Because Gratitude

You know, I read a lot about how in the midst of trials and affliction we need to be grateful.  And, I even heard last night at Institute class we need to be grateful for our tribulations.  Now, I’m not at that point yet.  I’m not there – grateful for the brain tumors, rare disease diagnosis, losing my job, the lifestyle I had before all of this.  Maybe I will be, one day, but today is not that day.

But, I will say that I have thought about some of the blessings in my life, that have come since diagnosis.  Maybe I wouldn’t choose these, but I don’t think that matters.  I mean, a blessing is a blessing, right?  Who am I to say, “Oh,  thank you Lord for this blessing but I wanted that one, instead?”  Nono.  Doesn’t work that way.  AT LEAST - I know now that it doesn’t work that way.   And, I guess isn’t that part of life?  To learn, grow, progress, and see things with new eyes?

So, here we go.  Now, a small disclaimer:  this isn’t an open invitation to discuss Obamacare, or the ACA.  I actually have very strong feelings about that and I am not going to go into here.  Because gratitude.  I am a recipient.  And, I need to say thank you.  Thank You.  To those of you that have been affected negatively by Obamacare – I have been affected in a positive way.  I don’t know if this makes any difference to you – but, I Thank You for helping me with my medical issues.

As things have progressed since the first of the year, I haven’t had to pay for any of my medications.  I take many medications that I will not list here, but each time I leave the pharmacy, I say a small “Thank You” to Heavenly Father and to those of you have been burdened.  This is a huge deal.  Separate from the fact that I had to pay $500 to the Feds for taxes for last year (Unemployment monies that I am no longer eligible to receive) things are pretty tight right now.  Very tight.  Thankfully, Mom loaned me the money for the Feds but other than that?  I don’t know how it would work if I had to pay monthly for all my medications.  I haven’t ever added up that monthly cost because I know the total amount would sicken me about as much as the $500 tax bill did!

Each time I have a brain scan, or abdominal ultrasound, or breast MRI, or doctor visit, I don’t have to pay for those either.  Wow.

Just sitting here, typing this out, I’m overwhelmed.  I may get on the pity pot many times a day about how my life has changed negatively and I cannot do the things I once did (financially or sometimes otherwise), I am so thankful to have the burden of my medical being taken care of today.  Again, I feel bad for those of you who are impacted negatively by Obamacare, because I feel I am a cause of your pain and struggle.  I would be remiss if I didn’t Thank You for helping me.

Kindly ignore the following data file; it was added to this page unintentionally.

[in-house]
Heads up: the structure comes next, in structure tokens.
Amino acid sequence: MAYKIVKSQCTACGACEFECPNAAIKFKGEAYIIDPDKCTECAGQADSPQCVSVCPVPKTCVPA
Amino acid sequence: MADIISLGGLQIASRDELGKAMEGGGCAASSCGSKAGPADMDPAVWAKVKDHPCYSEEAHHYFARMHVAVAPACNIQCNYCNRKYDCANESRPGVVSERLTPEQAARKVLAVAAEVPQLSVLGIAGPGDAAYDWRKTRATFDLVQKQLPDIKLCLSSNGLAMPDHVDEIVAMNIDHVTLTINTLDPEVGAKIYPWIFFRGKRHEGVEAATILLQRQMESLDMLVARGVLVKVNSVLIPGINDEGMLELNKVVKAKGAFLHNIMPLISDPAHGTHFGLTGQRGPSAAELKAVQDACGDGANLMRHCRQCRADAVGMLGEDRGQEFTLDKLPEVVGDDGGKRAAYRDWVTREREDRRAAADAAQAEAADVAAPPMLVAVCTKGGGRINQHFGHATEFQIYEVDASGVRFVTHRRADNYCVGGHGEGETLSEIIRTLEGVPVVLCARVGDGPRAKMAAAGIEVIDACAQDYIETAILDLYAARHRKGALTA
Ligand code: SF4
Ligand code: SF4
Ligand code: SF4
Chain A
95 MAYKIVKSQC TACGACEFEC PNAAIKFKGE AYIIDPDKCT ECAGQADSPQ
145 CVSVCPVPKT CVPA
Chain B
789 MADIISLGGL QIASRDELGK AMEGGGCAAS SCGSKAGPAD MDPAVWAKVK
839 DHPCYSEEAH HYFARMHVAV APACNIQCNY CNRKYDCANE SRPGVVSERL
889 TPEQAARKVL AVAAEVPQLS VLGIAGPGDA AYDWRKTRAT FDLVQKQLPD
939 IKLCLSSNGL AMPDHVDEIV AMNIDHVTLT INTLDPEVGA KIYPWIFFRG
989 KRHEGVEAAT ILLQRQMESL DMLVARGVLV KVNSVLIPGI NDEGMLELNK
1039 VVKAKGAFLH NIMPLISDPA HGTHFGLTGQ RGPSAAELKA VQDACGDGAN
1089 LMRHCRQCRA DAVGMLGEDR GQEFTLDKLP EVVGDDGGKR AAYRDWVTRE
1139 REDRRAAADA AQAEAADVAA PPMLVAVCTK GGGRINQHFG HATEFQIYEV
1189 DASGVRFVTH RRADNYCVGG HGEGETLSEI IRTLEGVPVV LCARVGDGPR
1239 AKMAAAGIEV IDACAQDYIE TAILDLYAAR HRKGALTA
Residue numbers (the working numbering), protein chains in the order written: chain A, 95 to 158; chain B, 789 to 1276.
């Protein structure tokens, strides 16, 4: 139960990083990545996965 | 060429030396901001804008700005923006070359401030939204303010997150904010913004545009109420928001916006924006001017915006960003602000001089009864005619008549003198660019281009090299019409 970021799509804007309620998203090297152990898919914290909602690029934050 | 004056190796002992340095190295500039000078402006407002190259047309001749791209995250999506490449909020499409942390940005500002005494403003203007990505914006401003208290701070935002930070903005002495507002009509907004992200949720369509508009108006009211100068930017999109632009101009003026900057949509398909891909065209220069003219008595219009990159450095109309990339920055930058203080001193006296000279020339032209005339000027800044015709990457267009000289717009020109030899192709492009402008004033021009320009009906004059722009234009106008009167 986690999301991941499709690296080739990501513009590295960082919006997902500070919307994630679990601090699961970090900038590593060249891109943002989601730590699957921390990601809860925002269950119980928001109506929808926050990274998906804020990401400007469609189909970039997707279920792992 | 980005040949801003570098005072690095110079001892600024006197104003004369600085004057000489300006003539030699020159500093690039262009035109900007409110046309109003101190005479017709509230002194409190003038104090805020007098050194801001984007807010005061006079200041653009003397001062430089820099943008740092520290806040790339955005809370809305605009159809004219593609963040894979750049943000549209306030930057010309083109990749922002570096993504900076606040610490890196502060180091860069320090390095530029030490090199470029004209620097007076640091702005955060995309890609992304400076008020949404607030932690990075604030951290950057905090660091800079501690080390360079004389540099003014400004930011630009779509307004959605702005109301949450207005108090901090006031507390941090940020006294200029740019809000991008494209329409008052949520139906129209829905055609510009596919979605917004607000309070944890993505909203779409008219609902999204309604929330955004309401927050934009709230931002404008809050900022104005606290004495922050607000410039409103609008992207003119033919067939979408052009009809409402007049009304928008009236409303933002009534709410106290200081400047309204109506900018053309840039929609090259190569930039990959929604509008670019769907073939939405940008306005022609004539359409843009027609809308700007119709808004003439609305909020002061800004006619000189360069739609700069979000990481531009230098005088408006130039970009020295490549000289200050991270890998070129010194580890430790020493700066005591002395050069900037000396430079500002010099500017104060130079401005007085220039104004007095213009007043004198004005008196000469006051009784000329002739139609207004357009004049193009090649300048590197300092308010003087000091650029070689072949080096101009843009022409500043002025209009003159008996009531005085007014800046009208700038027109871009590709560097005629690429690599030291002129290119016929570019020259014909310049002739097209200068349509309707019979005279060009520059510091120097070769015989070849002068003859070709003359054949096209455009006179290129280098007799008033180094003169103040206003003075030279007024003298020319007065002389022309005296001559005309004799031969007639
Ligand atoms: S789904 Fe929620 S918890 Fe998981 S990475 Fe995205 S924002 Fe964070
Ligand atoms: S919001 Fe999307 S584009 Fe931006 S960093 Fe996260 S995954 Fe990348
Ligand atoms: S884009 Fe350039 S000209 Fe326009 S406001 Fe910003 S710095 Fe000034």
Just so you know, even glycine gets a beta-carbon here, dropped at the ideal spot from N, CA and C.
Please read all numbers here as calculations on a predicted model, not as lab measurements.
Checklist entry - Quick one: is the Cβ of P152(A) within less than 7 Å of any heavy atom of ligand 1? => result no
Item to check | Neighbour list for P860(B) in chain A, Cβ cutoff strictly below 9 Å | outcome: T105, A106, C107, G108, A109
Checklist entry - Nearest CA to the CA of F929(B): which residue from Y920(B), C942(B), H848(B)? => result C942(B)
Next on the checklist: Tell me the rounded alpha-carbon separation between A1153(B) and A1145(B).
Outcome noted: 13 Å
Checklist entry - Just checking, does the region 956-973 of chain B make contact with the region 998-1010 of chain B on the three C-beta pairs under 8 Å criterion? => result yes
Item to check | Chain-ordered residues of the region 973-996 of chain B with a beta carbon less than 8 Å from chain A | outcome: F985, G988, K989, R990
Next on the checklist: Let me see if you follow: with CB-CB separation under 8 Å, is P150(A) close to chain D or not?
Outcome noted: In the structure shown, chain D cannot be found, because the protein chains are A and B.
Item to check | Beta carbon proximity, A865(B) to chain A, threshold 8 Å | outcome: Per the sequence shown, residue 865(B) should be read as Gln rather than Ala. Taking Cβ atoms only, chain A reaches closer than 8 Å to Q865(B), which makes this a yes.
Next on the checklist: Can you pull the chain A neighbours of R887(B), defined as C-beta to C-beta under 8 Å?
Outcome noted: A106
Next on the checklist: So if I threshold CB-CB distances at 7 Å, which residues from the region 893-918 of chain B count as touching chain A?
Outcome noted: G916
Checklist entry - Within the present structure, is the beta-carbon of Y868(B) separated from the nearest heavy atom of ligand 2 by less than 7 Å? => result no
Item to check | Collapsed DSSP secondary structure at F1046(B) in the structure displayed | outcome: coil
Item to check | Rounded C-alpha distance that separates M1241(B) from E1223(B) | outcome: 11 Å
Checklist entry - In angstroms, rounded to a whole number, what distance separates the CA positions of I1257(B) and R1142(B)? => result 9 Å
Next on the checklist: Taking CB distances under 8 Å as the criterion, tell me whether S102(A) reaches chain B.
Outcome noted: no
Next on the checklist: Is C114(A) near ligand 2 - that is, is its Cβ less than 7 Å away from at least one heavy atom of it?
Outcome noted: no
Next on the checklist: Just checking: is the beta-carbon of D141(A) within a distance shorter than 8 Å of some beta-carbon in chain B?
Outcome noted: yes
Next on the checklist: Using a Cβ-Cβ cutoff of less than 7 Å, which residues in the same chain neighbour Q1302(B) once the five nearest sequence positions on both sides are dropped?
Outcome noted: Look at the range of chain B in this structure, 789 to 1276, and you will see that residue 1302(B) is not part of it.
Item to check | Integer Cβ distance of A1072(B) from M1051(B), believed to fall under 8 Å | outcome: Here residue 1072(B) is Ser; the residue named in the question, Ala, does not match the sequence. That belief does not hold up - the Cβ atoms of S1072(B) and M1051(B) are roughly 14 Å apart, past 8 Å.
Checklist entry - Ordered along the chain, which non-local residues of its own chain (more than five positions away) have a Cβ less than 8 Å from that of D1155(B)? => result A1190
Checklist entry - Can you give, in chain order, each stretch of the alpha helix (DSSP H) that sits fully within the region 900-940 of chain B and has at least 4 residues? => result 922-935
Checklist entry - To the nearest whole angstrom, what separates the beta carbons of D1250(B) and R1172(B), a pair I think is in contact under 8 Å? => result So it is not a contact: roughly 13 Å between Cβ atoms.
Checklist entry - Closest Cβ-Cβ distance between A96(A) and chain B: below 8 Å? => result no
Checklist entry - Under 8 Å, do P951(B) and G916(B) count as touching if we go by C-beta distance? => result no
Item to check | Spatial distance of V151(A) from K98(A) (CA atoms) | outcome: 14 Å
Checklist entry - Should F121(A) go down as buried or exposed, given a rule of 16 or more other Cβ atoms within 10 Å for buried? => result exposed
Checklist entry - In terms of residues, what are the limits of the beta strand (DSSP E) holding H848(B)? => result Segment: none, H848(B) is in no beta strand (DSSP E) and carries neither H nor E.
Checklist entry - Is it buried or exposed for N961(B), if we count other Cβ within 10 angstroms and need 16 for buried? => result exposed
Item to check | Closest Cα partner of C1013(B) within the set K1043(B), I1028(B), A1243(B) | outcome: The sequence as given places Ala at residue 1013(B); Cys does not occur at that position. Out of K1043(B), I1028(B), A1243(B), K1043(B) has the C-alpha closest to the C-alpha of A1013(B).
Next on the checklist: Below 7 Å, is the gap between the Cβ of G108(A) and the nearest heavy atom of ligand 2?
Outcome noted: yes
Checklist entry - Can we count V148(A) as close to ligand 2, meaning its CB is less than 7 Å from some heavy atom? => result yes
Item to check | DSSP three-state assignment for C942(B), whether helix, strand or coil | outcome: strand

(Fun) Fact Friday 4/11/14

This isn’t really fun, but it is a fact and it is Friday.

4 months ago today I made a life-changing decision.

  • I decided that I was not going to worry about uterine cancer anymore. 
  • I decided that I wasn’t going to submit myself to any further pelvic ultrasounds (if you’ve ever had one before, you get me here.)
  • I decided that I am powerful and have choices!

Granted, this was a very hard decision, because in choosing to have a prophylactic hysterectomy I wrote in stone that I would never be a biological mother (not even considering my age and any other factors against me).  I weighed this out very carefully all of last year, and decided that not getting uterine cancer trumped all.

Take that Cowden’s Syndrome.

Neurology day on #BrainTumorThursday

It seems only fitting that I saw Dr. D (neurologist) this morning.  I can’t believe it’s coming up on 3 years since the brain surgeries!  Regardless of timing, seeing him (and the neurosurgeon) always leaves me a little emotionally drained.

I told him about some symptoms I have experienced lately, and I always seem to struggle with which doctor to tell my symptoms to.  Tingling, dizziness, etc., that could be caused by tons of things, right?  Anyway, I told him what’s been going on (I started a new medication to help manage my anxiety and depression), and he had said, “Well, you did have brain surgery,” but not in a flippant way.  He said that since the brain surgery my body may need more time to process new things (medication) and I should take it every few days, starting out.

He also said these things I’m experiencing could be par for the course (because of the surgeries) and as long as they aren’t non-stop, he’s not super-concerned.

Lastly, he did all his neurological tests, and then said, “Dr. K sure did a good job on your surgery.”



Me (Photo of the day #2, 4/5/14)


Walking at the park today, I felt strong. I felt like the “Old Heather”, the one before brain tumors and rare diseases. I felt normal. I forgot about hospitals and doctor appointments; brain tumors and Rare Diseases. I walked. I breathed deep. I owned my afternoon. I did it and it was mine.

It was good.

Fun Fact Friday 4/4/14

When I was in Junior High School, I was quite the little note-writer.  Come on, though.  That’s what preteen girls did, right?  Write notes to each other at school!

A few friends of mine and I thought we were really smart and decided to make “Code Names” for ourselves.  That way…if we lost one of the notes, or a teacher caught us while we were writing or reading, the other person wouldn’t get caught!

My Code Name was “Duran Duran”.  Another friend’s name was “Thompson Twins” and I remember a 3rd being “Culture Club”.

 I loved the 80′s!